Just Aged By A Decade (Screenplay)

Ishizuka – Melbourne CBD. One of the best designed basement restaurants to grace Melbourne streets.

INT. JAPANESE RESTAURANT – EVENING

A high-end Japanese restaurant, with ultra modern aesthetic. It’s cold, utilitarian, dark and sterile, like the sushi that is currently being eaten by the two men.

The whole setting is intimate, with a sharp bright light over the two men like a halo, casting the rest of the restaurant in shadow and it is very quiet, only the tinkle of sake cups against tables, chopsticks scraping against ceramic, small sighs of satisfaction.

One is younger, slick, slim, and sharp. He has an intelligent face, and oozes confidence, maturity and ruthlessness. A man at the top of his game.

The other man is older, mysterious and quiet. Salt and pepper mark his dark hair, crow-feet at the edges of his eyes. A professional on the verge of retirement. They are both suited and serious.

Their dialogue’s tone is serious and respectful.

YOUNG MAN

What do you think?

OLD MAN

What do I think? I think you should take it.

YOUNG MAN

Reason?

OLD MAN

It’s too lucrative not to. Jobs like these come once in a lifetime. You’d be a fool not to take it.

YOUNG MAN

I’d be a dead fool if I do.

OLD MAN

You’ve done jobs. You’re aware of the risks. Mitigate them.

The Young Man falls silent. He stares down at his plate. Pondering. The Old Man continues eating his sushi, thoughtfully dipping the raw fish into a soy sauce plate, savouring the flavours.

YOUNG MAN

If you were me, would you do it?

OLD MAN

I am you, just aged by a decade. Why else do you think I am telling you to do it?

A sharply dressed WAITRESS swings by with a bottle of sake

WAITRESS

Would you like a refill gentlemen?

Both men nod and wait for the Waitress to finish pouring before resuming their conversation. The Young Man fishes into his blazer and takes out a nicotine patch, applying it on the inside of his wrist, just past his expensive watch.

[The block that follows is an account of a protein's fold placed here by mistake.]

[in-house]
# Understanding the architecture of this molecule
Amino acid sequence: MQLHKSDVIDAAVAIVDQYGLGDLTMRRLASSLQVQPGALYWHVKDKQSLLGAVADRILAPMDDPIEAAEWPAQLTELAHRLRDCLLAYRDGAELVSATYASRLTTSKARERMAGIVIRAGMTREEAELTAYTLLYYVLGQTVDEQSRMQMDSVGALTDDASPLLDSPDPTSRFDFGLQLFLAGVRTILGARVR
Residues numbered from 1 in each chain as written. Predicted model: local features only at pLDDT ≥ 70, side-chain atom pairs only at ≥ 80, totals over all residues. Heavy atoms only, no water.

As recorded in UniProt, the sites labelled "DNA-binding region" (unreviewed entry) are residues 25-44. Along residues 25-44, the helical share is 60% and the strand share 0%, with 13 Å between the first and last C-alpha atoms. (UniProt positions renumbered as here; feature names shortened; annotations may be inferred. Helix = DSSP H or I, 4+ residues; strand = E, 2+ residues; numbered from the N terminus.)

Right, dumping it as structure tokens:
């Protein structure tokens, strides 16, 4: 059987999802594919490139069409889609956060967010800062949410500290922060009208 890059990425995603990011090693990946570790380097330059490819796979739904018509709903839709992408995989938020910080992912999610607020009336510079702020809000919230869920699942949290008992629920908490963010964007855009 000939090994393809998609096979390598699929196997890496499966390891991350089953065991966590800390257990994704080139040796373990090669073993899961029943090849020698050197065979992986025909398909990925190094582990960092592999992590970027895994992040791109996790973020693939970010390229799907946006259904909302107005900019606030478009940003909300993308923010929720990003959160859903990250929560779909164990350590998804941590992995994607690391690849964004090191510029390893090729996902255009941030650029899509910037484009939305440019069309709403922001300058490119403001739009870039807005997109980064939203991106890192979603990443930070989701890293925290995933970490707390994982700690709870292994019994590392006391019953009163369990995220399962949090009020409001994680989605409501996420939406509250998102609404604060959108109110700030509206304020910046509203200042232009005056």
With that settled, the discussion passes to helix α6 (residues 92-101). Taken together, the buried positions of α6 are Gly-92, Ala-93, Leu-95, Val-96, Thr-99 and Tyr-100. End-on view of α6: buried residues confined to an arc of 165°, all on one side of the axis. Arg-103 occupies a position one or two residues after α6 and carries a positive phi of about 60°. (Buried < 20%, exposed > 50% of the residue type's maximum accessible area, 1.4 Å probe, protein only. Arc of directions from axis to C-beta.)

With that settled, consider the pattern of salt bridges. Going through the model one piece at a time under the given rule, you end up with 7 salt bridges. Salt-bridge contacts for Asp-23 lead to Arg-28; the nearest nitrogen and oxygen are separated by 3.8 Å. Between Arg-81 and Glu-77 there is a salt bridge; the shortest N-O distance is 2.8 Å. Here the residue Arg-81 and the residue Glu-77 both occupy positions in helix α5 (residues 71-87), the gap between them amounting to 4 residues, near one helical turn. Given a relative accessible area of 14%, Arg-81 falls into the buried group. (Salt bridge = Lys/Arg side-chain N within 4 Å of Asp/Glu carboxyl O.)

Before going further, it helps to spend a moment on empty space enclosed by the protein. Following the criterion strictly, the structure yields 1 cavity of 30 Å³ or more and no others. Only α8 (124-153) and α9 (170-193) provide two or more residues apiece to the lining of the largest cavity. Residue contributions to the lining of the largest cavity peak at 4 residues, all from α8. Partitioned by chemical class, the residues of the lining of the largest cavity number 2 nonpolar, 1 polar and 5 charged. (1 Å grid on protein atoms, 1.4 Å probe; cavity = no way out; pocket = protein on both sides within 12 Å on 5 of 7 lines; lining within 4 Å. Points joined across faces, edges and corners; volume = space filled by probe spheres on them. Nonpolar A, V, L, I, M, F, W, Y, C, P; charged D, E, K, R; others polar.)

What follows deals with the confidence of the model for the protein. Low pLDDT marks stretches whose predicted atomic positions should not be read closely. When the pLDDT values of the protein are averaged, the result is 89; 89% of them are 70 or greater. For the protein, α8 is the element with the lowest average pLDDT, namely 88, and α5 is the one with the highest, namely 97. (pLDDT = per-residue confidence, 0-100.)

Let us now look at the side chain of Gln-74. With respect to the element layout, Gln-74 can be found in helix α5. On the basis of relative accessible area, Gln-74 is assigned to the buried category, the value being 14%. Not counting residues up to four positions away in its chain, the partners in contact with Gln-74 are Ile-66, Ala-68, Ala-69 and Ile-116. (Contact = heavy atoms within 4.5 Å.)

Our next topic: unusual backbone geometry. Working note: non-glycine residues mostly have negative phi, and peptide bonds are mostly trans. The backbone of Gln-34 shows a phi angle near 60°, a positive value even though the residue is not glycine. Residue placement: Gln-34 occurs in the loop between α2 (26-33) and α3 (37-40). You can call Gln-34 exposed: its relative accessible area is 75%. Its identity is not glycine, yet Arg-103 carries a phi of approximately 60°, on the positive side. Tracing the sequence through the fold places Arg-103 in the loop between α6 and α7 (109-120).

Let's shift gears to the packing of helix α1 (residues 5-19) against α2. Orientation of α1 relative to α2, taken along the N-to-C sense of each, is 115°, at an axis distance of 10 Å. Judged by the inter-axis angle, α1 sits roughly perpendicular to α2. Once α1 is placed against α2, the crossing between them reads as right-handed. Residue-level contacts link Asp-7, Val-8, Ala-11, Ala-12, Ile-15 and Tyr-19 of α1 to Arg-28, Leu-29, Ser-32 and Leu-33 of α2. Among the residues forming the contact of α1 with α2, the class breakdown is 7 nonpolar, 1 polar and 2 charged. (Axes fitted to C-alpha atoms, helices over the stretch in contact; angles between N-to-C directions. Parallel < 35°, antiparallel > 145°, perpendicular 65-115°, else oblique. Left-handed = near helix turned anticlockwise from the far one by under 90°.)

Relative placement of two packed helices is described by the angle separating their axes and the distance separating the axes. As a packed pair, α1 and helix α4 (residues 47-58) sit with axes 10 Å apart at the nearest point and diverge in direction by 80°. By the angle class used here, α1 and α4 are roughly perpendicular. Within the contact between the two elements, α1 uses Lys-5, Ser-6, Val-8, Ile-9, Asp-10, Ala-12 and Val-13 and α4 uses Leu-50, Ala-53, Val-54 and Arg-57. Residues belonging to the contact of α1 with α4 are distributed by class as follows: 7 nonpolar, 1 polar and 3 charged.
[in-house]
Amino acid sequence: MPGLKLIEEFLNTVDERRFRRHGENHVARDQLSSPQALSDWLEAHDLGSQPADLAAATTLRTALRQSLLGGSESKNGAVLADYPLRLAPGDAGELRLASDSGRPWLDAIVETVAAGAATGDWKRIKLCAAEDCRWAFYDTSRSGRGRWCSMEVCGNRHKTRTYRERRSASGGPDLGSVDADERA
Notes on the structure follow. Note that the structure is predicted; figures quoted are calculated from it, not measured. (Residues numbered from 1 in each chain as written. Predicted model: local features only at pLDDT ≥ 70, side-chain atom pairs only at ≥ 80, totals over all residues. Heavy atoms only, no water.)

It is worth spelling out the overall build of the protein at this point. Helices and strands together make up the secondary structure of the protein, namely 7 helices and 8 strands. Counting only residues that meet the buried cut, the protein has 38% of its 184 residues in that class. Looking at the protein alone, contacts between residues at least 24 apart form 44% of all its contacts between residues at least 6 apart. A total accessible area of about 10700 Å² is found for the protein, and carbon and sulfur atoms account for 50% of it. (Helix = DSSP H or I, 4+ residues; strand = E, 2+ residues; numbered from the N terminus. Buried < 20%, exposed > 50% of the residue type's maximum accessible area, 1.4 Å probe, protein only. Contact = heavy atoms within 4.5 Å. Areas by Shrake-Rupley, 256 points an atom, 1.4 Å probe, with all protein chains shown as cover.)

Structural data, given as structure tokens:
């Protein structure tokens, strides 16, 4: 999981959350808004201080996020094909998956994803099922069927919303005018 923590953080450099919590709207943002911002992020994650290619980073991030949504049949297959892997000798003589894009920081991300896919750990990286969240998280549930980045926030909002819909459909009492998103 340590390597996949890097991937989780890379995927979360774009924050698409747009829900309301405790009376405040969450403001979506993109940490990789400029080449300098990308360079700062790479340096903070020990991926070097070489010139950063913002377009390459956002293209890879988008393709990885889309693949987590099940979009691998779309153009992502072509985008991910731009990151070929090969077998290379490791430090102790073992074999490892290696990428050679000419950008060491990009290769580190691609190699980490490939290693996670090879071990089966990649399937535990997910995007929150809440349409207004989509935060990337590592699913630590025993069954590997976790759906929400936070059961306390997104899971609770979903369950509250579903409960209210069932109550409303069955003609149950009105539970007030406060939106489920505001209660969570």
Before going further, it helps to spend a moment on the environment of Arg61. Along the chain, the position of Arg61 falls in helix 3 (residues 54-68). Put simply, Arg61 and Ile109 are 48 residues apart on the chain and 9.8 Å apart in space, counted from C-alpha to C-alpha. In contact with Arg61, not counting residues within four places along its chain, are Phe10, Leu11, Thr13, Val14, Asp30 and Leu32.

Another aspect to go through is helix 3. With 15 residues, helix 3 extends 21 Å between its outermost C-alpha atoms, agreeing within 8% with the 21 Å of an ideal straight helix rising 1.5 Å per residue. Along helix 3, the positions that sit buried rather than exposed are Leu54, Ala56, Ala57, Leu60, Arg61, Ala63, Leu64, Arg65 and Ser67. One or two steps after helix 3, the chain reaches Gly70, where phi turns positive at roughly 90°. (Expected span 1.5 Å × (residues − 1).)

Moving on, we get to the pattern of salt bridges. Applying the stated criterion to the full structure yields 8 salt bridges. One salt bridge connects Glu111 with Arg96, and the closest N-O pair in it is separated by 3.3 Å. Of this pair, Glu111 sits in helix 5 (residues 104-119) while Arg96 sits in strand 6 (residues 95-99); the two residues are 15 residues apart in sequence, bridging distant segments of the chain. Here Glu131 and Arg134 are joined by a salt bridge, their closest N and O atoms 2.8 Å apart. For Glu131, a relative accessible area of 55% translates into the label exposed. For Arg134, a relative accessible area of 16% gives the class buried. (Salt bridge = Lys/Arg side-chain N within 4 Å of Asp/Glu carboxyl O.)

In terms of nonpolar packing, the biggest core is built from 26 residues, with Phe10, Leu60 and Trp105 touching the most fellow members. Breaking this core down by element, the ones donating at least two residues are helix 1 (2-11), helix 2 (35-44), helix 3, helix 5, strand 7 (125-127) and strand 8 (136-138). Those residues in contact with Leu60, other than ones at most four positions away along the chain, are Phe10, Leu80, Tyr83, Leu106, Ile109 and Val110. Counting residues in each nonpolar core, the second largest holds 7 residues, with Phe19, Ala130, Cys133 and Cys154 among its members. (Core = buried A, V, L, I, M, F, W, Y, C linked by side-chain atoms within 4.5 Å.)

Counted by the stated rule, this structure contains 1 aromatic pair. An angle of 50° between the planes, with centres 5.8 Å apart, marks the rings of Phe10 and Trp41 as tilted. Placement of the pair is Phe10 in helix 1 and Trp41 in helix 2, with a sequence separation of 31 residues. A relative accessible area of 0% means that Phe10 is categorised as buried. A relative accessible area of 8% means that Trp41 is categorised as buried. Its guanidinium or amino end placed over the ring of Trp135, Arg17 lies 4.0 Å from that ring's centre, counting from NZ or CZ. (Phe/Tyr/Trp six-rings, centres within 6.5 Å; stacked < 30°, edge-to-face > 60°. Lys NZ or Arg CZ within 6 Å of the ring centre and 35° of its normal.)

The Old Man nods approvingly.

OLD MAN

How is it going?

YOUNG MAN

Withdrawal symptoms are abating. The doctor says I’ll be off these inside of 2 months.

OLD MAN

Impressive, considering your habit.

YOUNG MAN

*grunts dismissively* This job proposal isn’t helping me.

OLD MAN

We’ve done this routine before. What’s gotten you spooked this time?

YOUNG MAN

It’s Zurich. Rules are different when you deal with gnomes.

OLD MAN

Reason?

YOUNG MAN

Did you read through the dossier I sent you?

OLD MAN

Of course.

YOUNG MAN

That’s your reason.

The Old Man pauses for a moment and looks off, recalling the important details in the brief the Young Man made. The Young Man fidgets with the nicotine patch, his discomfort with the job obvious.

OLD MAN

Your main concern, are the people?

YOUNG MAN

Yes. Zurich isn’t a place where you can be anonymous. The gnomes that guard the gold, aren’t just bankers. They got families that help them. Secrecy and privacy aren’t just nouns over there, they’re a religion and a culture. I might get past the front door, but there’s no way I can sneak out the back door, because the back door is a whole goddamn country.

The Old Man stares through the Young man and gives a small knowing smile.

OLD MAN

You’ve never tried a long con?

YOUNG MAN

No. *pauses* How long are we talking here?